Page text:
Gleaming lights and divine blessings at Takada Sochinju Hikawa Shrine
is a Shinto shrine located in Takada, Toshima Ward, Tokyo, Japan.
- Address: 2-2-18 Takada, Toshima-ku, Tokyo 171-0033
- Phone Number: 03-3971-8649
- Access: 3-minute walk from the Toden Arakawa Line “Magenbashi” stop, 10-minute walk from the Tokyo Metro Fukutoshin Line “Zoshigaya” station, 3-minute walk from the Seibu Shinjuku Line “Takadanobaba” station
- Festival Days: September 9th (Mon) and 10th (Tue), 2024
Main Events and Attractions of the Festival
The Takada Sochinju Hikawa Shrine Festival is a vibrant and lively event that attracts many visitors each year. The festival features a variety of events and attractions, including:
One of the main highlights of the festival is the mikoshi procession. A mikoshi is a portable shrine that is carried through the streets by a group of people. The mikoshi of the Takada Sochinju Hikawa Shrine is particularly large and impressive, and it is carried by a team of over 100 people. The procession is a lively and colorful event, and it is a great opportunity to experience the traditional culture of Japan.
Kagura is a traditional Japanese dance and music performance that is often performed at Shinto shrines. During the Takada Sochinju Hikawa Shrine Festival, a kagura performance is held on the shrine grounds. The performance is a beautiful and graceful way to learn about Japanese culture and history.
No Japanese festival is complete without food stalls! At the Takada Sochinju Hikawa Shrine Festival, there will be a variety of food stalls selling a wide range of delicious Japanese dishes. From classic festival favorites like yakitori and takoyaki to more unique dishes like okonomiyaki and taiyaki, there is something for everyone to enjoy.
Games and Activities
In addition to the mikoshi procession, kagura performance, and food stalls, the Takada Sochinju Hikawa Shrine Festival also features a variety of games and activities for visitors of all ages. These include traditional Japanese games like ring toss and goldfish scooping, as well as more modern games like face painting and balloon animals. There is also a petting zoo where children can interact with friendly animals.
Blessings and Deities
The Takada Sochinju Hikawa Shrine is dedicated to three deities: Susanoo-no-Mikoto, Kushinada-hime-no-Mikoto, and Okuninushi-no-Mikoto. Susanoo-no-Mikoto is the god of storms and the sea, Kushinada-hime-no-Mikoto is the goddess of fertility and marriage, and Okuninushi-no-Mikoto is the god of nation-building and agriculture. These three deities are collectively known as the “Three Deities of Takada,” and they are believed to bring blessings of good fortune, prosperity, and happiness to those who worship them.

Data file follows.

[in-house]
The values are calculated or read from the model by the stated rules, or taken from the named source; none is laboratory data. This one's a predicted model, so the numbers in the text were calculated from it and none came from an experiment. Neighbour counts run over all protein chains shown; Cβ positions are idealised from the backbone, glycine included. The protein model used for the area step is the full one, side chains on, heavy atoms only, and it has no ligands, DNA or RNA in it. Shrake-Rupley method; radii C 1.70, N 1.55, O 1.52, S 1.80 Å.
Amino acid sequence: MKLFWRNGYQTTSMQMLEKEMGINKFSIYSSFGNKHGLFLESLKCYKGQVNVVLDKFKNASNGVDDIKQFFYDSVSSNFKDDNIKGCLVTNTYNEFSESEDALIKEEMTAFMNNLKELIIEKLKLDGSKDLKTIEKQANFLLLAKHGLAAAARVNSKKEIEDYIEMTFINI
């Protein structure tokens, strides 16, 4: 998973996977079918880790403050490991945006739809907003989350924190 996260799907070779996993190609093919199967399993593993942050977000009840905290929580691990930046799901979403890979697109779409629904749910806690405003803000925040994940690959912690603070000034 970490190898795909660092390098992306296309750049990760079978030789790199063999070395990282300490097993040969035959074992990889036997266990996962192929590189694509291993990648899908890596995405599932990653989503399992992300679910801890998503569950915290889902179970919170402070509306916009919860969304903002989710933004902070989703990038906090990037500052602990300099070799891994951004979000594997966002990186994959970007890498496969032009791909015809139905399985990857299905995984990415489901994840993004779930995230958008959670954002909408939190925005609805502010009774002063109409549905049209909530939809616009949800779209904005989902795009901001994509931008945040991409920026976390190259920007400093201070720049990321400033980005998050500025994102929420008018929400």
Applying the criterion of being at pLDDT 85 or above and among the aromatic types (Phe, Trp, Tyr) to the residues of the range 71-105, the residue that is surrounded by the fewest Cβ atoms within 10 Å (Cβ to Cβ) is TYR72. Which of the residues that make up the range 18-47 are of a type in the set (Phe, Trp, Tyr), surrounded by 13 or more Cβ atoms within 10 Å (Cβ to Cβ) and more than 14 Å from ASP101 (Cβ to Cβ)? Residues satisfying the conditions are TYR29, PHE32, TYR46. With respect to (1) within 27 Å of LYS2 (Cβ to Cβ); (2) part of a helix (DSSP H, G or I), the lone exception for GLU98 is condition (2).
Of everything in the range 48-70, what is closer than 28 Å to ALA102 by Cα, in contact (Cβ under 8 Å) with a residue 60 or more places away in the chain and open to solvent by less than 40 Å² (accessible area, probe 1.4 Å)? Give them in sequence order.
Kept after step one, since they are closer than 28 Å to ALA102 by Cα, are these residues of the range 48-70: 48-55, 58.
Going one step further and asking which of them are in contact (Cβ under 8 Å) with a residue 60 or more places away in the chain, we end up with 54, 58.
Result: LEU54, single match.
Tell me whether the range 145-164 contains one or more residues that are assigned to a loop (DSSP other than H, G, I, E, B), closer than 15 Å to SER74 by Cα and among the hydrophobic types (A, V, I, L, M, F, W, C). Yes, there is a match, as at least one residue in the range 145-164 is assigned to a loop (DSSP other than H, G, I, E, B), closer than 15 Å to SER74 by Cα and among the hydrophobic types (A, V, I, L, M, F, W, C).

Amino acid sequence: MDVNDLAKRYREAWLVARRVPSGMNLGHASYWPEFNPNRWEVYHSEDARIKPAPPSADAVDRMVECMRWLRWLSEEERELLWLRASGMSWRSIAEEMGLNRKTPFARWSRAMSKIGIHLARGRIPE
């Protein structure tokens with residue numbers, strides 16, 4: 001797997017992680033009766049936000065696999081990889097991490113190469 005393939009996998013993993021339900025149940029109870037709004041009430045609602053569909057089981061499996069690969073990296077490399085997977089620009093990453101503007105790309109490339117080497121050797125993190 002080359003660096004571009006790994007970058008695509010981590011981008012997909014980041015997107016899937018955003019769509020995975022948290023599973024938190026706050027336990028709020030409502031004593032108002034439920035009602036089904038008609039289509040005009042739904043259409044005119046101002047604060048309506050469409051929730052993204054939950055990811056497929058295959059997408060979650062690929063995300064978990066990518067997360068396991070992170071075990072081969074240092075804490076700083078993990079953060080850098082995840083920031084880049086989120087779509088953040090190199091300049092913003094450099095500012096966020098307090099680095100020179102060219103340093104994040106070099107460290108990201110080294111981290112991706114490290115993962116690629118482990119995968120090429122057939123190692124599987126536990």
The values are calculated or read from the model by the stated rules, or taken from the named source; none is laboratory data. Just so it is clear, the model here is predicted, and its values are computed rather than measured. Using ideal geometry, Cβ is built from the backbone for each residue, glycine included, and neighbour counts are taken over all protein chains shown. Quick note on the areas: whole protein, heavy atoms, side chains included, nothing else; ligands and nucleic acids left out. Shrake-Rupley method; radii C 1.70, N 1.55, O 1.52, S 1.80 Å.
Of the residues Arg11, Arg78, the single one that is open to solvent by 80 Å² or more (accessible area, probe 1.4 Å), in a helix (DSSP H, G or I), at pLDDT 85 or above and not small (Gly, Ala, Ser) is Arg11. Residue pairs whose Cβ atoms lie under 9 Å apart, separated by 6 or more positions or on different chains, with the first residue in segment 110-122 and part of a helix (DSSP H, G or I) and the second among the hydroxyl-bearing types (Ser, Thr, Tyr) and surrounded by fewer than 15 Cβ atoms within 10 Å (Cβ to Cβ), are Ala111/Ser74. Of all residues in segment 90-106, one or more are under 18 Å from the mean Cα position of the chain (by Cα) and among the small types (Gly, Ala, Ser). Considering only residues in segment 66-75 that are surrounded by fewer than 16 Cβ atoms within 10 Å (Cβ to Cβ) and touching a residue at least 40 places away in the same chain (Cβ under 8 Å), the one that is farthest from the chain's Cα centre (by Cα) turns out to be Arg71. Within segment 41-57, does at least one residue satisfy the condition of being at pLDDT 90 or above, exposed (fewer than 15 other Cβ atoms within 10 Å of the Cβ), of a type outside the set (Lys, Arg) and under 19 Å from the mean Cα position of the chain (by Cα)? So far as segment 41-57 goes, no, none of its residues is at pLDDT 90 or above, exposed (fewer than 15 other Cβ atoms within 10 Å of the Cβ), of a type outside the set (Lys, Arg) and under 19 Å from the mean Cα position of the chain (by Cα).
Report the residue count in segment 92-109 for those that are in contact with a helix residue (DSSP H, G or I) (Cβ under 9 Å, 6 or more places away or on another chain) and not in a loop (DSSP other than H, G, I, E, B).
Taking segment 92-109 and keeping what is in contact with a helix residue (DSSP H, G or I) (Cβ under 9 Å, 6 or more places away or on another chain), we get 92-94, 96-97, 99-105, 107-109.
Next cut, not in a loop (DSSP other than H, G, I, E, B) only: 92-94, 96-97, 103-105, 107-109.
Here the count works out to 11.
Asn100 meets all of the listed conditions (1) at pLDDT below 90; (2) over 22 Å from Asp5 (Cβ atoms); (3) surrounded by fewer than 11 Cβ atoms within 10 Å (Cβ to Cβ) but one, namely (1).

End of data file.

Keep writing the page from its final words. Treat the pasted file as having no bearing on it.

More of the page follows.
Origin and History
The Takada Sochinju Hikawa Shrine was founded in the year 859, during the reign of Emperor Seiwa. It is said that the shrine was built on the site of a former Inari shrine, and that the three deities of Takada were enshrined there in order to protect the local people from evil spirits. Over the centuries, the shrine has been rebuilt and renovated several times, but it has always remained an important place of worship for the people of Takada.
Tips and Notes for Visitors
If you are planning to visit the Takada Sochinju Hikawa Shrine, here are a few tips and notes to keep in mind:
- The shrine is open every day from 9:00 AM to 5:00 PM.
- Admission to the shrine is free.
- There is a small parking lot available for visitors.
- The shrine is a popular destination for weddings and other ceremonies, so it is best to avoid visiting during these times if you are looking for a quiet and peaceful experience.
- The shrine is located in a residential area, so please be respectful of the neighbors when visiting.
There is a small parking lot available for visitors to the Takada Sochinju Hikawa Shrine. The parking lot is located on the north side of the shrine, and it can accommodate up to 20 cars. The parking fee is 500 yen per day.
Popular Stalls and Food Carts in Recent Years
|Type of Stall
|A staple at Japanese festivals. Characterized by a crispy outside and a creamy inside.
|A simple yet popular snack of hot potatoes lavishly topped with melted butter.
|Small castella cakes, sweet and fluffy treats enjoyed by children and adults alike.
|Grilled Ayu with Salt
|Fresh ayu fish grilled whole with salt, a savory taste of Japanese summer.
|A unique gourmet item influenced by foreign cuisine, with a chewy skin wrapping the filling.
|A Japanese grilled dish where you often choose your own ingredients for a personalized flavor.
|A fluffy, sweet snack that’s extremely popular with children.
|A banana coated in chocolate, a fun and visually appealing dessert.
|Various types of ingredients skewered and grilled, an easy-to-enjoy snack.
|Fried noodles mixed with a special sauce, a fast food favorite in Japan.